First up is a shot of iconic Chickapin Hill in framework. You can see that it has been “topped out,” as there is an American flag mounted to the highest point. The roof of the main lift can be seen dominating this photo. A closely matching shot of the same area shortly after the attraction opened is included for comparison.

Construction walls cannot hide the view of Chickapin Hill taking shape

Construction walls cannot hide the view of Chickapin Hill taking shape

 

How Splash Mountain looked during the opening year

How Splash Mountain looked during the opening year

The next photo is the first lift guests encounter after leaving the loading platform and taking a right hand turn. This photo was taken from the Disneyland Railroad, whose trestle runs right through Splash Mountain. Who knew there was so much steel and mechanics hidden under all that rustic woodwork!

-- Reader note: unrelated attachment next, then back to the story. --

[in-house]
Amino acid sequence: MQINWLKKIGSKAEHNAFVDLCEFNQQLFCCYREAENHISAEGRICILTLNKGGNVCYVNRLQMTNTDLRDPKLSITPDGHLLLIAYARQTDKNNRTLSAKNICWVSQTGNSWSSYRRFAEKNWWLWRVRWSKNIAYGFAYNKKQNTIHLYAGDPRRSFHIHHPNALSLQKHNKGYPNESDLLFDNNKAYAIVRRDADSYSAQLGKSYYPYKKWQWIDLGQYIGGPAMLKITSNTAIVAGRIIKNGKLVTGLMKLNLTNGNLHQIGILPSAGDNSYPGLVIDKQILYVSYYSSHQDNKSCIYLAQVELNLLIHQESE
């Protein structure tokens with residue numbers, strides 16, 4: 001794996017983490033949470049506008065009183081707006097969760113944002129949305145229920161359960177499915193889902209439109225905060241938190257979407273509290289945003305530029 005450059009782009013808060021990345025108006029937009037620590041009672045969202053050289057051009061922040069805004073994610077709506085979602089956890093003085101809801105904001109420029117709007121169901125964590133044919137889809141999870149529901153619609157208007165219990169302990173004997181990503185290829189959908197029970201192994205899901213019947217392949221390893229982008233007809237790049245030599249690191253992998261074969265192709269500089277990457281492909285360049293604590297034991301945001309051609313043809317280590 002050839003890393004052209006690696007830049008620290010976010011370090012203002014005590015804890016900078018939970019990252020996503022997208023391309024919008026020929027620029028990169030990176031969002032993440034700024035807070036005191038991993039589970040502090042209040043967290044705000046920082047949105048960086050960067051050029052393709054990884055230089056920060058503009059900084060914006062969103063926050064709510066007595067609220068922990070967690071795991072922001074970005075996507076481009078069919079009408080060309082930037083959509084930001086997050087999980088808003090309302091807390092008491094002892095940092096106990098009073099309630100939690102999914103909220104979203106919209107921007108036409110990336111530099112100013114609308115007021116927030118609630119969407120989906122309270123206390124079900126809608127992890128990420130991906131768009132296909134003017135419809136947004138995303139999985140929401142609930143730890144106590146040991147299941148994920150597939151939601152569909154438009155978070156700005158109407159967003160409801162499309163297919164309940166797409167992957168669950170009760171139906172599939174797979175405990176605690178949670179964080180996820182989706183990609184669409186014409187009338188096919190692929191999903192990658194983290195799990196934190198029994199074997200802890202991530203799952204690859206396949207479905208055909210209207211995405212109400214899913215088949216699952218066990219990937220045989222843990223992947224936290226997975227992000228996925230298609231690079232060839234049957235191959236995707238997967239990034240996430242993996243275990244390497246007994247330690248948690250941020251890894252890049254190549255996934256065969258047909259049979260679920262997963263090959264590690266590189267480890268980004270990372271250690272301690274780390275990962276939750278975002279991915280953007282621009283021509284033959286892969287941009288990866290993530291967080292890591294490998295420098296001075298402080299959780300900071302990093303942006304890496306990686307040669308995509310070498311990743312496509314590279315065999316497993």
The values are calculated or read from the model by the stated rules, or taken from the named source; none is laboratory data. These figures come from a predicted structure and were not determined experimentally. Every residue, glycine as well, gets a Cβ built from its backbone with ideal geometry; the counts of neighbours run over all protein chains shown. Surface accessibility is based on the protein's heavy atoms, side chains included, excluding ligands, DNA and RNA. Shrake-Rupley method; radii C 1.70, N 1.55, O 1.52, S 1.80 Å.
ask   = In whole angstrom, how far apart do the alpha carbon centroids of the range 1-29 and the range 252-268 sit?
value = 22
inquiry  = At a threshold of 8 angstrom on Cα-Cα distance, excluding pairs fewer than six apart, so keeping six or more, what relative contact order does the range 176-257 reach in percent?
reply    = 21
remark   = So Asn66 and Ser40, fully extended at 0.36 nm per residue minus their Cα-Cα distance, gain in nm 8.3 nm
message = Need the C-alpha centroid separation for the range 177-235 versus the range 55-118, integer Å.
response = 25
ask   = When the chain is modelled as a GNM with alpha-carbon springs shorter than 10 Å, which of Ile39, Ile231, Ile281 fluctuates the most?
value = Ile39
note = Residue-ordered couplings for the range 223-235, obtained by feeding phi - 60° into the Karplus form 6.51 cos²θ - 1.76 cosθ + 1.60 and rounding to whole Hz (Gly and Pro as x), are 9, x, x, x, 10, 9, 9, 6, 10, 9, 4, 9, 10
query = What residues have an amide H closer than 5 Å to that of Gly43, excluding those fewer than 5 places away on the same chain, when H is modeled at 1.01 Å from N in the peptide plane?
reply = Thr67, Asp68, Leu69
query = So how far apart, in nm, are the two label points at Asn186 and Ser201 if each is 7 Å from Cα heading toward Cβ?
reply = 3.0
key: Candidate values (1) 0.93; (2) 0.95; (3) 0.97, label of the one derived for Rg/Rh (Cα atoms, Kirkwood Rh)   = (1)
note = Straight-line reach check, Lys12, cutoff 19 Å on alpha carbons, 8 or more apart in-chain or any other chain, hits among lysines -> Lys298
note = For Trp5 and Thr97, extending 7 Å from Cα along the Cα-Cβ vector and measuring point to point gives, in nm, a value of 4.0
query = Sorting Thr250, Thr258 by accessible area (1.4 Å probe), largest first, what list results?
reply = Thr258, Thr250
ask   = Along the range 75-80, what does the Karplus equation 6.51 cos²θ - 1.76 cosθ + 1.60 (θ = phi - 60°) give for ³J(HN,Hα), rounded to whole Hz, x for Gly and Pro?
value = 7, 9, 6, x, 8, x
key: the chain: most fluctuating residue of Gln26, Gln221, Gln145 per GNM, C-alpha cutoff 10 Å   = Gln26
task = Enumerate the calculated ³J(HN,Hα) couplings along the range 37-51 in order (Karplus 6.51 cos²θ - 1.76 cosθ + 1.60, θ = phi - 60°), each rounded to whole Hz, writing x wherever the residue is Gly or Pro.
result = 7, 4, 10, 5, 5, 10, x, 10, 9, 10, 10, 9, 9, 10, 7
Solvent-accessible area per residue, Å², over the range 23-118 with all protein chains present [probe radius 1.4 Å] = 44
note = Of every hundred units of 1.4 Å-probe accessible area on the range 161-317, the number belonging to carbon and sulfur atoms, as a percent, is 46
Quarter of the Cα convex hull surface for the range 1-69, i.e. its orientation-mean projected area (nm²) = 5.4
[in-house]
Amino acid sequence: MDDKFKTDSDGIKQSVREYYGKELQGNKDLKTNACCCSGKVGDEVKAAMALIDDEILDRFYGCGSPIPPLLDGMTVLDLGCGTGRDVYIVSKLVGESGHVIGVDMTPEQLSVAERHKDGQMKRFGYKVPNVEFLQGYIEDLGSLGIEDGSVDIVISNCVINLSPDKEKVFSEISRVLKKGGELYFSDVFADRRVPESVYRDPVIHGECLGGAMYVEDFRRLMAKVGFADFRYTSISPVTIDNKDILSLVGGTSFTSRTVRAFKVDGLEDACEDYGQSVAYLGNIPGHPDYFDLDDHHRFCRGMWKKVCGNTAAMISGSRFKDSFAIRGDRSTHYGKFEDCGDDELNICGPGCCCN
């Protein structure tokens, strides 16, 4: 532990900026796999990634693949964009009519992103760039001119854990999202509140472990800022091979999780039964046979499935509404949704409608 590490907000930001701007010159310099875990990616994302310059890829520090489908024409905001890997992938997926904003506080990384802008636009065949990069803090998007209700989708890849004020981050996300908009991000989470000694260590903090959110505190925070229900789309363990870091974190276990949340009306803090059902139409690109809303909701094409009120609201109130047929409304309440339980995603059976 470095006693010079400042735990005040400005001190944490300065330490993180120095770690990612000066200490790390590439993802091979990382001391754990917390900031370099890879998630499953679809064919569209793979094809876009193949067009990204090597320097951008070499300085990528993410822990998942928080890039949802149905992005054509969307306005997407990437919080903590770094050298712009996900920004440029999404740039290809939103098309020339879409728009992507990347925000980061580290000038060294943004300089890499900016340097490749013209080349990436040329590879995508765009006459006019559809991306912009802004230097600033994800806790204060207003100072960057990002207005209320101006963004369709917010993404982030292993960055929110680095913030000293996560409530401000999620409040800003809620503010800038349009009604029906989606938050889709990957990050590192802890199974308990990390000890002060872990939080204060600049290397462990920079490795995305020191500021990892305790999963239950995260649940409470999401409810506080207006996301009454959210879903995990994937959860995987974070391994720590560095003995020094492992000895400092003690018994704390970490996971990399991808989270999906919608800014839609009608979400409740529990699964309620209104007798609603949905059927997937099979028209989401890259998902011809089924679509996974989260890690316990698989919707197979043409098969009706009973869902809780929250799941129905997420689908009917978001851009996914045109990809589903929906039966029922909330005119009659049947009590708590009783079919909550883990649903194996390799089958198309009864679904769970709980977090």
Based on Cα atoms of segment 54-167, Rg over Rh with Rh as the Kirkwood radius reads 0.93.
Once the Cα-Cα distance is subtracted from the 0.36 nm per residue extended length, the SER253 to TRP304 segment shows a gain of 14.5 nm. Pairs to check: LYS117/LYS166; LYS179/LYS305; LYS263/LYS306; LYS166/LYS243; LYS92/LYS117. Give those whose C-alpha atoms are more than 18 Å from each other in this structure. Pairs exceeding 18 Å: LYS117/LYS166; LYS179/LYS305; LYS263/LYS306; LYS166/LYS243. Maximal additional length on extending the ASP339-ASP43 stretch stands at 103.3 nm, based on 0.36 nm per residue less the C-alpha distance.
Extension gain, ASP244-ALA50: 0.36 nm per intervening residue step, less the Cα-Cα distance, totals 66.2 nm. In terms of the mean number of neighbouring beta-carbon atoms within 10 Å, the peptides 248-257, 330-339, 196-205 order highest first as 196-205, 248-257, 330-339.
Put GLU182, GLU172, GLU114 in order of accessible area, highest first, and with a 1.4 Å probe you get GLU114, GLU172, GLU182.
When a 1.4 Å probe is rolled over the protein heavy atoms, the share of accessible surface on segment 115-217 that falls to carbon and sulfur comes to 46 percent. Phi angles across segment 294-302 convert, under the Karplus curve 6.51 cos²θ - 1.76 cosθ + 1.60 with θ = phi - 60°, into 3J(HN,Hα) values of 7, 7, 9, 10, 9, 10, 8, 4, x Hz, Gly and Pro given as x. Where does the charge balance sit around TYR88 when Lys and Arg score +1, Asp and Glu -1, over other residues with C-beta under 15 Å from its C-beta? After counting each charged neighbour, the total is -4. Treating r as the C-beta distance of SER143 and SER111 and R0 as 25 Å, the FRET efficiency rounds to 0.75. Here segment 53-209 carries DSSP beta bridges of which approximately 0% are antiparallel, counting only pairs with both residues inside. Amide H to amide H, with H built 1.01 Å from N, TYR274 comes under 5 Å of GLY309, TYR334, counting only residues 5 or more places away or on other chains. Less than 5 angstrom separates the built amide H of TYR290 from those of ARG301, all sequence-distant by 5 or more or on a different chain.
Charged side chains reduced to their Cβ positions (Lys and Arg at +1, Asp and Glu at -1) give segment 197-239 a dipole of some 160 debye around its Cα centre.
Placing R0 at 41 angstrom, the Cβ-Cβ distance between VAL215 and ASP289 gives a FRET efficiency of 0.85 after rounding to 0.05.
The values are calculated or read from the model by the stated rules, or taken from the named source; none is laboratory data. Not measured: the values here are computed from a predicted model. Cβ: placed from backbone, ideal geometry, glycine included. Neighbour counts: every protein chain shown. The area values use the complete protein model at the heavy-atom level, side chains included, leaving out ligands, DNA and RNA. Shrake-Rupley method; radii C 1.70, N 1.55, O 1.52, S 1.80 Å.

The first lift takes shape

The first lift takes shape

The third photo on the set is a bit harder to identify. You can see that the platform built to support the water flume was far heftier than the rest of the mountain. According to my notes, these photos were taken on August 7, 1988.  Considering that is less than four months from the scheduled opening date, it is no wonder they missed it.

Some people find construction photos like these magical!

Some people find construction photos like these magical!

The final shot is of the area beyond the rustic barn that conceals the exit to Splash Mountain. This “far corner” of Critter Country is also seen in a matching shot, taken shortly after the attraction opened to the public.

These steel and wooden forms are now a rustic barn

These steel and wooden forms are now a rustic barn